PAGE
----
Book Shelf: The Way Men Heal
Author: Kyle Balduf
The ways we grieve are as varied as the swirls and ridges at the tips of our fingers. This is why Tom Golden's The Way Men Heal (G.H. Publishing, 2013) is such a refreshing perspective of grief. In his book, Tom challenges some of the traditional judgments associated with healing. And don't let the title of the book fool you. Tom explains, "The masculine side of healing is used by both men and women. It is not simply a 'man's' way of healing."
The cultural assumption that men don't grieve or don't deal with their feelings is at the root of the way many mental health clinicians are trained. In his first job out of school, Tom struggled to help men who were grieving, leading to his research into modes of healing. He discovered that those who favor a masculine mode of healing tend to heal in an active way rather than an interactive way. In other words, they tell their story through actions, not words. This can make identifying masculine mode grief challenging, because the grief is virtually invisible. When someone isn't crying or displaying outward signs of pain, it is difficult to recognize that action can be part of the grieving process. But healing actions not only connect the grieving with their pain and loss; they also keep the memory of a loved one alive into the future.
When my twin brother died in Afghanistan, I was faced with the greatest pain of my life. I felt like I had been propelled beyond the stars and into a new universe, one with a cold, dark, bleak landscape. As friends and family poured into our house, we surveyed this new land of grief together. We sat in the living room and told stories. We talked about how we were doing. But after the first few days I became restless. I wanted to get out of the house and do something-anything.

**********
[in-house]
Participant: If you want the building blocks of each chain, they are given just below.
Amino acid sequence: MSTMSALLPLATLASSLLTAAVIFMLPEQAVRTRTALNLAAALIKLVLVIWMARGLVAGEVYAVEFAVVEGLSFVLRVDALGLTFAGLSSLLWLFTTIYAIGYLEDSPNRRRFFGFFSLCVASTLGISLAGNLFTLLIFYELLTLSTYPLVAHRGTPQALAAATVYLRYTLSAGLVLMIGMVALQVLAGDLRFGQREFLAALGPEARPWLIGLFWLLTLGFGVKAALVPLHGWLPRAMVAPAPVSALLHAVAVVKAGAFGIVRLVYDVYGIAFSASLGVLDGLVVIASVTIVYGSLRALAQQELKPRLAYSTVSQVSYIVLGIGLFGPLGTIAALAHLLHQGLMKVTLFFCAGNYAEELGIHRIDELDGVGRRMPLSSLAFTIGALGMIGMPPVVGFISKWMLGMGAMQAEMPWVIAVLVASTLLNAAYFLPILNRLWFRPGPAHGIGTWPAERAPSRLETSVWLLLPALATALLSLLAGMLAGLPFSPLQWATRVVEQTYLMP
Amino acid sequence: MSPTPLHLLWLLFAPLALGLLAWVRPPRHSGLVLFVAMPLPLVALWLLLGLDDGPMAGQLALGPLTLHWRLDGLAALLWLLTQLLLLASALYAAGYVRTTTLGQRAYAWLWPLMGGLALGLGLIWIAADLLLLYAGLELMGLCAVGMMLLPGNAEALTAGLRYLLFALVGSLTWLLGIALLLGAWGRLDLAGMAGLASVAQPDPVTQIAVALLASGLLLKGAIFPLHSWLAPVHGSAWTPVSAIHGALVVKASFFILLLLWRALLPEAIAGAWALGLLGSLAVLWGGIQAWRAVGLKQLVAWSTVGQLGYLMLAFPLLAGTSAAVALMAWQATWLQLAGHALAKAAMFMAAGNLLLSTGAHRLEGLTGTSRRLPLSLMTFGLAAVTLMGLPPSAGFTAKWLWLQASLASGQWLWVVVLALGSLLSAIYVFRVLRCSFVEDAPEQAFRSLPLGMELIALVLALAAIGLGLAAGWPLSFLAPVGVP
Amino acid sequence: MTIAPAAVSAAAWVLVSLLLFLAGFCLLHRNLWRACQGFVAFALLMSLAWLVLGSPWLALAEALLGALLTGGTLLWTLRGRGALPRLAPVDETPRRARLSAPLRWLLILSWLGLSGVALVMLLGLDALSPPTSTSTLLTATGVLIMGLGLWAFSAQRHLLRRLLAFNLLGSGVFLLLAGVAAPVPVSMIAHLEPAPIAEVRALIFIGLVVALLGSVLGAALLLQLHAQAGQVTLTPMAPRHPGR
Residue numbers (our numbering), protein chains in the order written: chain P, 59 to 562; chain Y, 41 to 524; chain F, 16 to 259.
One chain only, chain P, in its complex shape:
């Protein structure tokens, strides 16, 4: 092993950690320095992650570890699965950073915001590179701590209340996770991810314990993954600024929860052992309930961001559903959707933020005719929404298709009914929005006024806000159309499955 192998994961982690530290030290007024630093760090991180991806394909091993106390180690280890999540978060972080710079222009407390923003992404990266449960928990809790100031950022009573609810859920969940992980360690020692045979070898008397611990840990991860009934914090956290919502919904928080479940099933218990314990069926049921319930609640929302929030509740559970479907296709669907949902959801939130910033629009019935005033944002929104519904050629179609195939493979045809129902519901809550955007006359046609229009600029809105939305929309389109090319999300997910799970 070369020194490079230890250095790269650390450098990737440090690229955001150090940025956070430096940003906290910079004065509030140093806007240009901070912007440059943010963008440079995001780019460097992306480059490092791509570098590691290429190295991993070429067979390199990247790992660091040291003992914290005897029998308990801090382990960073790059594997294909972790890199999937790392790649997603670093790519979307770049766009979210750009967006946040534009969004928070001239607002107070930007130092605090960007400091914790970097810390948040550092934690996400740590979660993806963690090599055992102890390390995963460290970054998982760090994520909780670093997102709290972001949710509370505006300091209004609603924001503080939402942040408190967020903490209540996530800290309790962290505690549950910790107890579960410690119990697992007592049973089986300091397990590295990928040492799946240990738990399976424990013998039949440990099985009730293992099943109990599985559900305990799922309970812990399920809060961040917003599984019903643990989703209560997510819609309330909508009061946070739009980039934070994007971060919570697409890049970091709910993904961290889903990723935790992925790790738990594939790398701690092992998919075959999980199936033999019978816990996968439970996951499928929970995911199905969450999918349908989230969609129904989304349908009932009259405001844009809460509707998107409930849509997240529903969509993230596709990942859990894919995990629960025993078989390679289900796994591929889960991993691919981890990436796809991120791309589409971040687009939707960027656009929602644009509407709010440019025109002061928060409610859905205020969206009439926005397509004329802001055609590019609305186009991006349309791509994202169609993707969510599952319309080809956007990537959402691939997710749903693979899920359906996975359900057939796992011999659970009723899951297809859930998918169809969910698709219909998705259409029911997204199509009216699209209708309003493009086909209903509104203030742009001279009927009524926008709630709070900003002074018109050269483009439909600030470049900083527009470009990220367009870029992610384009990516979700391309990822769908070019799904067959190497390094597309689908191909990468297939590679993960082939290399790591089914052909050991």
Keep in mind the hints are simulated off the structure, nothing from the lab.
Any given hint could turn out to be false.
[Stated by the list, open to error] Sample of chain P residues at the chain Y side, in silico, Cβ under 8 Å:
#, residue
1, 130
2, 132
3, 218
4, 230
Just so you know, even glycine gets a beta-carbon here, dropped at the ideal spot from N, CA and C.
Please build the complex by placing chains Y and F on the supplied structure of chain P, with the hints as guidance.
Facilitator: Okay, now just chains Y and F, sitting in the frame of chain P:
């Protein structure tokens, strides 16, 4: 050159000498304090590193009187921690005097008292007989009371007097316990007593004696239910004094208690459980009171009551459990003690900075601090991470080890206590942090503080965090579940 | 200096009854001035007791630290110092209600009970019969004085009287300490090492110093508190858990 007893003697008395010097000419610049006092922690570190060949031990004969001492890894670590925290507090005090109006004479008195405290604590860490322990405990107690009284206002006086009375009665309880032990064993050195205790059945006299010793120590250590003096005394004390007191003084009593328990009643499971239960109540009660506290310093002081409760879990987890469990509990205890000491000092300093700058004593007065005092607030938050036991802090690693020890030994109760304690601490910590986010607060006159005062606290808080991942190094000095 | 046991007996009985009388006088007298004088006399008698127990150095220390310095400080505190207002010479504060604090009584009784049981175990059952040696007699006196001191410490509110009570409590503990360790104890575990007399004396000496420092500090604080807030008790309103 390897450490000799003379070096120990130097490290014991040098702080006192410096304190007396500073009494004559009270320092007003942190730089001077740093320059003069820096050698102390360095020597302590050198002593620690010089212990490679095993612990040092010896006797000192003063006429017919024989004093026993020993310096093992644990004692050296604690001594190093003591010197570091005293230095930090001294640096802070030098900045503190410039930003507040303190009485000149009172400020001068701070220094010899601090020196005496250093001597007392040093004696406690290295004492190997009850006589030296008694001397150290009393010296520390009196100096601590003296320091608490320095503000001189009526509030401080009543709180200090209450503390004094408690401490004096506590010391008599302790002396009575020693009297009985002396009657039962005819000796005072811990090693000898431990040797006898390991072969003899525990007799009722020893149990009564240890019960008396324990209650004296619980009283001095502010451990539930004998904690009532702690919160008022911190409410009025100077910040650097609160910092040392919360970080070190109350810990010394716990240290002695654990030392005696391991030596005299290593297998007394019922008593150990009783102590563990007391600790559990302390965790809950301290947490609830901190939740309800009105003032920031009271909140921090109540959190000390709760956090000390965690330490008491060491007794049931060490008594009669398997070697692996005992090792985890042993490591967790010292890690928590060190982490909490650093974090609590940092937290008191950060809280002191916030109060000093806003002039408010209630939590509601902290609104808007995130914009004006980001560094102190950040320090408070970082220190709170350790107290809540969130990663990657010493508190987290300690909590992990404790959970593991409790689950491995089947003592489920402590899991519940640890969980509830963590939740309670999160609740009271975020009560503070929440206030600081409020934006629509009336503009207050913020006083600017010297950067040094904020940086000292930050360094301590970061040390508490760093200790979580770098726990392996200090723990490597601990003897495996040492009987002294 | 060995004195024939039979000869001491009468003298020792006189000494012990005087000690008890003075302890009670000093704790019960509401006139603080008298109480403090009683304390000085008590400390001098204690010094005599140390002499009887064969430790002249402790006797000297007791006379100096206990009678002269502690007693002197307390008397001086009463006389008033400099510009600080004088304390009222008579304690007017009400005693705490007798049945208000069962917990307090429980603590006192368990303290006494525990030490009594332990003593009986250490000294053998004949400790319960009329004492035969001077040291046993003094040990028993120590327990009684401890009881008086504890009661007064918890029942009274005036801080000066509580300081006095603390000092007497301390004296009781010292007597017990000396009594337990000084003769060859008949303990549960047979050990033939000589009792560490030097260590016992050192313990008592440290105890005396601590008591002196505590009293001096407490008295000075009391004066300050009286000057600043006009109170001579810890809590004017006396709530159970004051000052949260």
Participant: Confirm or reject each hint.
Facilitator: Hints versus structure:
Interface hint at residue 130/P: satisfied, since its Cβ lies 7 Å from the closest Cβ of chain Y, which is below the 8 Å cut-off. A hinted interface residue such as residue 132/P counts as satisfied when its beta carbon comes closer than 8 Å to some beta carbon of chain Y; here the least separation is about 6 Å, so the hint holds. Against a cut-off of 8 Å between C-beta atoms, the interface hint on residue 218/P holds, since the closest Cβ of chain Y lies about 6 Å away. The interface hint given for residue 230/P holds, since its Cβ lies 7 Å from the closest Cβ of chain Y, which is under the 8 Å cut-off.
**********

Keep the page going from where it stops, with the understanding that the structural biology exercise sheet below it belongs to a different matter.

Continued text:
I began helping with the planning of Kevin's memorial service, making a video slideshow that would encompass Kevin's life. I spent hours flipping through photo albums and listening to songs. Then I sat down with my good friend and began to create the video. As I soaked in the sea of memories, I found myself explaining the pictures and talking about the significance of each moment. Conversation about my grief naturally took place as we worked. No one would have realized that I was actively grieving: I didn't even realize it, but this activity was a vessel for my grief and an initial path toward healing.
My hope is that you will read The Way Men Heal and broaden your understanding of the unique ways we grieve. Even as a mental health practitioner, I found myself learning new things from Tom. It's an informative and eye-opening book. The section titled "Tips for Helping the Men You Love" was particularly insightful, overflowing with practical ways to walk with those who grieve in a more masculine mode. Tom also brought his observations to life by sharing the stories of Michael Jordan, Brett Favre, and Eric Clapton, explaining the unique way each of these men actively grieved his own loss.
For those who don't enjoy reading or who have little time to do so, I have good news. This book is concise at fifty-four pages. I read it in less time than it takes to watch a movie. Tom also maintains a website with many grief resources, including a video version of the book. You can access these resources by joining Tom's website at thewaymenheal.com. Membership is not free, but there are several tiers of pricing based on length of time you plan to use the website.
Remember this: the best way to promote healing in ourselves is to seek to understand. The Way Men Heal can help us on that journey.
By Kyle Balduf, surviving twin of Sgt. Kevin Balduf, Written by Thomas R. Golden